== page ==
Editors note: Ted Shannon, FLM member in charge of our outdoor exhibits, gathered this history of our truck.
1945 INTERNATIONAL 6X6 TRUCK
This all-wheel-drive truck was built in May 1945 for the U.S. Marine Corps as a cargo carrier. WW11 ended in early September, 1945 and this truck stayed stateside at Camp Roberts, California. It was purchased there from the U.S. Government in late 1945 by Alfred Copeland. He initially used it to haul rocks during the construction of Soledad state prison. He then moved to Sonora, California, converted it to a logging truck and used it in that capacity for many years.
It has a 5 speed transmission with a high and low range, an International “Red Diamond” 361 cubic inch straight six cylinder gasoline engine with two carburetors. Many ex-military trucks were pressed into civilian duties after the war; they were available and affordable, but much too slow for today’s trucking needs.
FLM volunteers attached the truck logging bunk equipment and connected the wooden-reach logging dolly, both donated by Page and Page Trailers of Redding, California. Wooden reaches were commonly used well over half a century ago, but broke occasionally, and were replaced by steel reaches.
Gasoline engines continued to power big trucks for many years after WW11 ended, but the inevitable switch to more economical diesel engines began in the 1930s.
Trucks hauled a small percentage of logs in the early 1900s. Today, almost all logs are hauled by trucks.
Donated by the Copeland Family of Sonora California
Wonderful photos of our truck in action and an amazing trailer that Mr. Copeland built to do a number of big jobs. No one we have talked to has ever seen anything like it.
All the photos now have the capability of being enlarged by clicking on them. One great story follows the pictures of the truck the story is about. After that story, many more great photos.
Note the interesting trailer on the right, and the winch truck on the left. That trailer had very interesting capabilities.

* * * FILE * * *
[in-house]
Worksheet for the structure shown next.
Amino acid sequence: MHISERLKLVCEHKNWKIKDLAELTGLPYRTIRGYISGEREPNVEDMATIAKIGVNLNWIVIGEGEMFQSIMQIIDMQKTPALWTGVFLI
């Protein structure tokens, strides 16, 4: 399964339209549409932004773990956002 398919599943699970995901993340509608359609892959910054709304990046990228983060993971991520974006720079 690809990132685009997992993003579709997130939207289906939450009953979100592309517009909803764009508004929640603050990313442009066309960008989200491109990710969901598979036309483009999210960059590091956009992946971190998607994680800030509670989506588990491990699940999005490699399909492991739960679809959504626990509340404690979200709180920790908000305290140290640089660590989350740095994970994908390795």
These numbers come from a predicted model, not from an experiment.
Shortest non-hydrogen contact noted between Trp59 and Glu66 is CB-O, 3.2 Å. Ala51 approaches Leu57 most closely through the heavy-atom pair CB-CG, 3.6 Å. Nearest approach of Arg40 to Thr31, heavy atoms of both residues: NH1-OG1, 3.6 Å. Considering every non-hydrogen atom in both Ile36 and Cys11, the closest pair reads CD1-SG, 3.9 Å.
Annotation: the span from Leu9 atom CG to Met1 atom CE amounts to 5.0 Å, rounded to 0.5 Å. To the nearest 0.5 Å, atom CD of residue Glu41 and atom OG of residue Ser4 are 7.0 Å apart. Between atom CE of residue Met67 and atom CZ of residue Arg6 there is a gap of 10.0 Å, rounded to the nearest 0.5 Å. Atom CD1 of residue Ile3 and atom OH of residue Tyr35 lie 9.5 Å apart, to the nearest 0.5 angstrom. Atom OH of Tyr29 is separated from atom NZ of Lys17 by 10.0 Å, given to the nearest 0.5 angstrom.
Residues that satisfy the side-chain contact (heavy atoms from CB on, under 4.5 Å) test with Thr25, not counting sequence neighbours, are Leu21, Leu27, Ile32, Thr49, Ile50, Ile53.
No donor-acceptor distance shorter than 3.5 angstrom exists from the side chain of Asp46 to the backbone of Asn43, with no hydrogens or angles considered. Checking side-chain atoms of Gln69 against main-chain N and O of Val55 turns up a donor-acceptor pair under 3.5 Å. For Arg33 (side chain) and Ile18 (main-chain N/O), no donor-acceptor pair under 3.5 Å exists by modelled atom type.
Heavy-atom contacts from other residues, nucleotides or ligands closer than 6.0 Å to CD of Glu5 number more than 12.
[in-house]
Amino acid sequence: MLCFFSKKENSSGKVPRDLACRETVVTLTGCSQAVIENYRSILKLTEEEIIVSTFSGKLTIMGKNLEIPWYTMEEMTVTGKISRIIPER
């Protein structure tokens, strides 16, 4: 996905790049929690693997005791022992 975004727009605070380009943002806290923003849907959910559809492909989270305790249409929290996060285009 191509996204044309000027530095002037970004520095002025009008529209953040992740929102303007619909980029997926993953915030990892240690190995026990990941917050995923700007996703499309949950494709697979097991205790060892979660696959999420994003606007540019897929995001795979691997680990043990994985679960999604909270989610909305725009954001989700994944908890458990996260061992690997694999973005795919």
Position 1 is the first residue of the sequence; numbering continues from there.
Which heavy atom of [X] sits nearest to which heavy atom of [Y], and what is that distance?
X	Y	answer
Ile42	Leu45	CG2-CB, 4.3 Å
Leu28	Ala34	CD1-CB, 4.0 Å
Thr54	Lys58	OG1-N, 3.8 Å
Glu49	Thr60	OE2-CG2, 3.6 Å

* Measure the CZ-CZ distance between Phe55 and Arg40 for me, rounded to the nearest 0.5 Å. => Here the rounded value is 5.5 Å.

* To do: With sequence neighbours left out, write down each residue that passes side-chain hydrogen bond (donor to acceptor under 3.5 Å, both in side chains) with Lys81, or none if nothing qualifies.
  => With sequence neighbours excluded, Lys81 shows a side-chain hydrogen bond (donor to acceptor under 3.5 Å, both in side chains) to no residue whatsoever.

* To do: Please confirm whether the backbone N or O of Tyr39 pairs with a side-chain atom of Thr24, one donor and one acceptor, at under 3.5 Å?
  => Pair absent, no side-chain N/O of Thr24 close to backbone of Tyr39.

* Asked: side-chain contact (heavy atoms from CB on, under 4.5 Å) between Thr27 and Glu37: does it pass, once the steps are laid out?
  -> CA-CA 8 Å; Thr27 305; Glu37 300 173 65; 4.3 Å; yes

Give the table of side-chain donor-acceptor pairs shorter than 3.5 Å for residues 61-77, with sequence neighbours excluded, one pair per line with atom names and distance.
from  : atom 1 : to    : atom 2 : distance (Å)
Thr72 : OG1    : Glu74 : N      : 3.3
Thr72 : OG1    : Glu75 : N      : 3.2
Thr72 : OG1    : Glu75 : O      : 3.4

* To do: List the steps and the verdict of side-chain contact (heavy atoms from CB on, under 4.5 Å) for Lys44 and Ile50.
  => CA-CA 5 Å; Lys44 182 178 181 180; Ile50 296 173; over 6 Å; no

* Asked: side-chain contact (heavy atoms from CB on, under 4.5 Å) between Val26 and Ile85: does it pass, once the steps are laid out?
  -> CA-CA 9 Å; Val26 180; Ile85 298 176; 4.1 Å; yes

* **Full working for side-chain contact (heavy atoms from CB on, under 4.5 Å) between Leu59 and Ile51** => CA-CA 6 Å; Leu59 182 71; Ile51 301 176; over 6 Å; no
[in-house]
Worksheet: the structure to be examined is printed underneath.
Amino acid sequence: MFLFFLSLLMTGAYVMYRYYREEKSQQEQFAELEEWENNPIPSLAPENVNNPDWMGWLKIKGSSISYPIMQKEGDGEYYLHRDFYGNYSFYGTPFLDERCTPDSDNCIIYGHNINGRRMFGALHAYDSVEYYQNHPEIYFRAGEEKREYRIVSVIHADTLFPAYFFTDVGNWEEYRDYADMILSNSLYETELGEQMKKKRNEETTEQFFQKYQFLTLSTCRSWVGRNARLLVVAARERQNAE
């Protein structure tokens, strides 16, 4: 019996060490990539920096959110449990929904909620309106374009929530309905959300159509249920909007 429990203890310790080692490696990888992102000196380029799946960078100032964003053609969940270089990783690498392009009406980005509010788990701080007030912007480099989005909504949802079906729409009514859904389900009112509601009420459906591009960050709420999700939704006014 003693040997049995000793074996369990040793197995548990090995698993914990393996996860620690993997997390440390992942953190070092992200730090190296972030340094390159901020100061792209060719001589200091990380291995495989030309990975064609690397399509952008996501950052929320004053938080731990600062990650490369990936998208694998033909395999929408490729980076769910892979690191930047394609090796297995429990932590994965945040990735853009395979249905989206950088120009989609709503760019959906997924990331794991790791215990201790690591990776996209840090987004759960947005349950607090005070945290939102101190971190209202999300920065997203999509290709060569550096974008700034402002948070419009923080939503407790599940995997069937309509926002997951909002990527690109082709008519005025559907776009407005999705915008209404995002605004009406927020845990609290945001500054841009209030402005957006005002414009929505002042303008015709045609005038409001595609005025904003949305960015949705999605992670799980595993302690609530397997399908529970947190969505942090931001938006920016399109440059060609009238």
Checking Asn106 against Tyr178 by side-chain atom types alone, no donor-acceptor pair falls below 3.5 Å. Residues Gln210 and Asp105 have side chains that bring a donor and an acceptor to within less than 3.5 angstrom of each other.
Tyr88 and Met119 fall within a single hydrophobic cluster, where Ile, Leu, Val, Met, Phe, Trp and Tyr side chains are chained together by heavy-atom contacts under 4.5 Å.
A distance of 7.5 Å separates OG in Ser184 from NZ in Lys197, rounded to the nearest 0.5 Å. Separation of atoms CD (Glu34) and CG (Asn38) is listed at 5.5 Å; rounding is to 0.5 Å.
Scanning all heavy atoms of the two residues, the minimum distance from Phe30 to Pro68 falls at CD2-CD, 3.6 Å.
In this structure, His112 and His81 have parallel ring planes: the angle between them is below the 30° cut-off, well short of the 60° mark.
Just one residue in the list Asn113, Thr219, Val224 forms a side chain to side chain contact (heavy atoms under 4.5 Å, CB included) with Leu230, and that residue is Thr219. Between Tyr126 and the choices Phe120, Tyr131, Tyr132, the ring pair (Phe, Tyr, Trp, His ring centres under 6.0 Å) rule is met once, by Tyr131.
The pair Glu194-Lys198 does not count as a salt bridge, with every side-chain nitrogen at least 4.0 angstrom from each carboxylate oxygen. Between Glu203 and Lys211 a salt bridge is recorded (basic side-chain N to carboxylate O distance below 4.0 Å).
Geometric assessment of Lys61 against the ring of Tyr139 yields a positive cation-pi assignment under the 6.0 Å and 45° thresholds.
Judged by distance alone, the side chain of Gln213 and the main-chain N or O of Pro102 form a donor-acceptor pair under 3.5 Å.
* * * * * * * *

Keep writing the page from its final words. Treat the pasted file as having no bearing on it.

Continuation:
Make Room for the Bear
This story and the truck came to us courtesy of the Copelands, Sophie, Alice, Helen, Russell, and the Grand-daugher, Angela.
In the mid 1950’s, Mr. Copeland was logging in Yosemite as you can see by the photos and the captions. Like many visitors to Yosemite, Mr Copeland had to deal with the bears. In particular, there was one bear that wanted into the truck to sleep. He may have wanted into the truck originally because there may have been food in there. But, the bear decided that the truck made a great place to sleep. In fact the bear wanted in badly enough to do damage to the door. So, Mr. Copeland removed the door. The bear would climb into the truck at night to sleep, and in the morning, Mr. Copeland would bang on the passenger side door, driving the bear out of the truck so that Mr. Copeland could go to work.
Our sincere thanks to the Copelands for the truck, the photos, and the story.
Many More Photos Follow
Copeland daughter, Helen, called to tell us that she is in one of the photos. Perhaps that is she on the road edge?
Mr. Copeland’s other logging truck. You will see it in along with our truck
in many of the photos that follow.
Hauling out of Yosemite
Mr. Copeland built this trailer for just the purpose shown in these photos. He could load the logs by pushing them under the trailer and then raising them off the ground with a couple of cables. The winch action came from a truck at the rear of the trailer. This truck is shown in one of the previous photos.
1951 Trial Run for Davis Lumber Company
Mrs. Sophie Copeland at our 2009 Logging Jamboree. She and the other family members donated the 45 IH truck to the museum and Sophie came to see that we were taking good care of it. Sophie at this time was 91 1/2 years old.
When we showed her the photos that she had given us, now up on the web site, she’d say, “That’s my Al, oh, I wish he could wave at me.”
Sophie, her grand=daughter Angela on the left, and FLM President Ginny Kafka at the 2010 Logging Jamboree. The truck had just been painted the week before. Not exactly Linebaugh colors, but on the other hand, it was not ever a Linebaugh truck.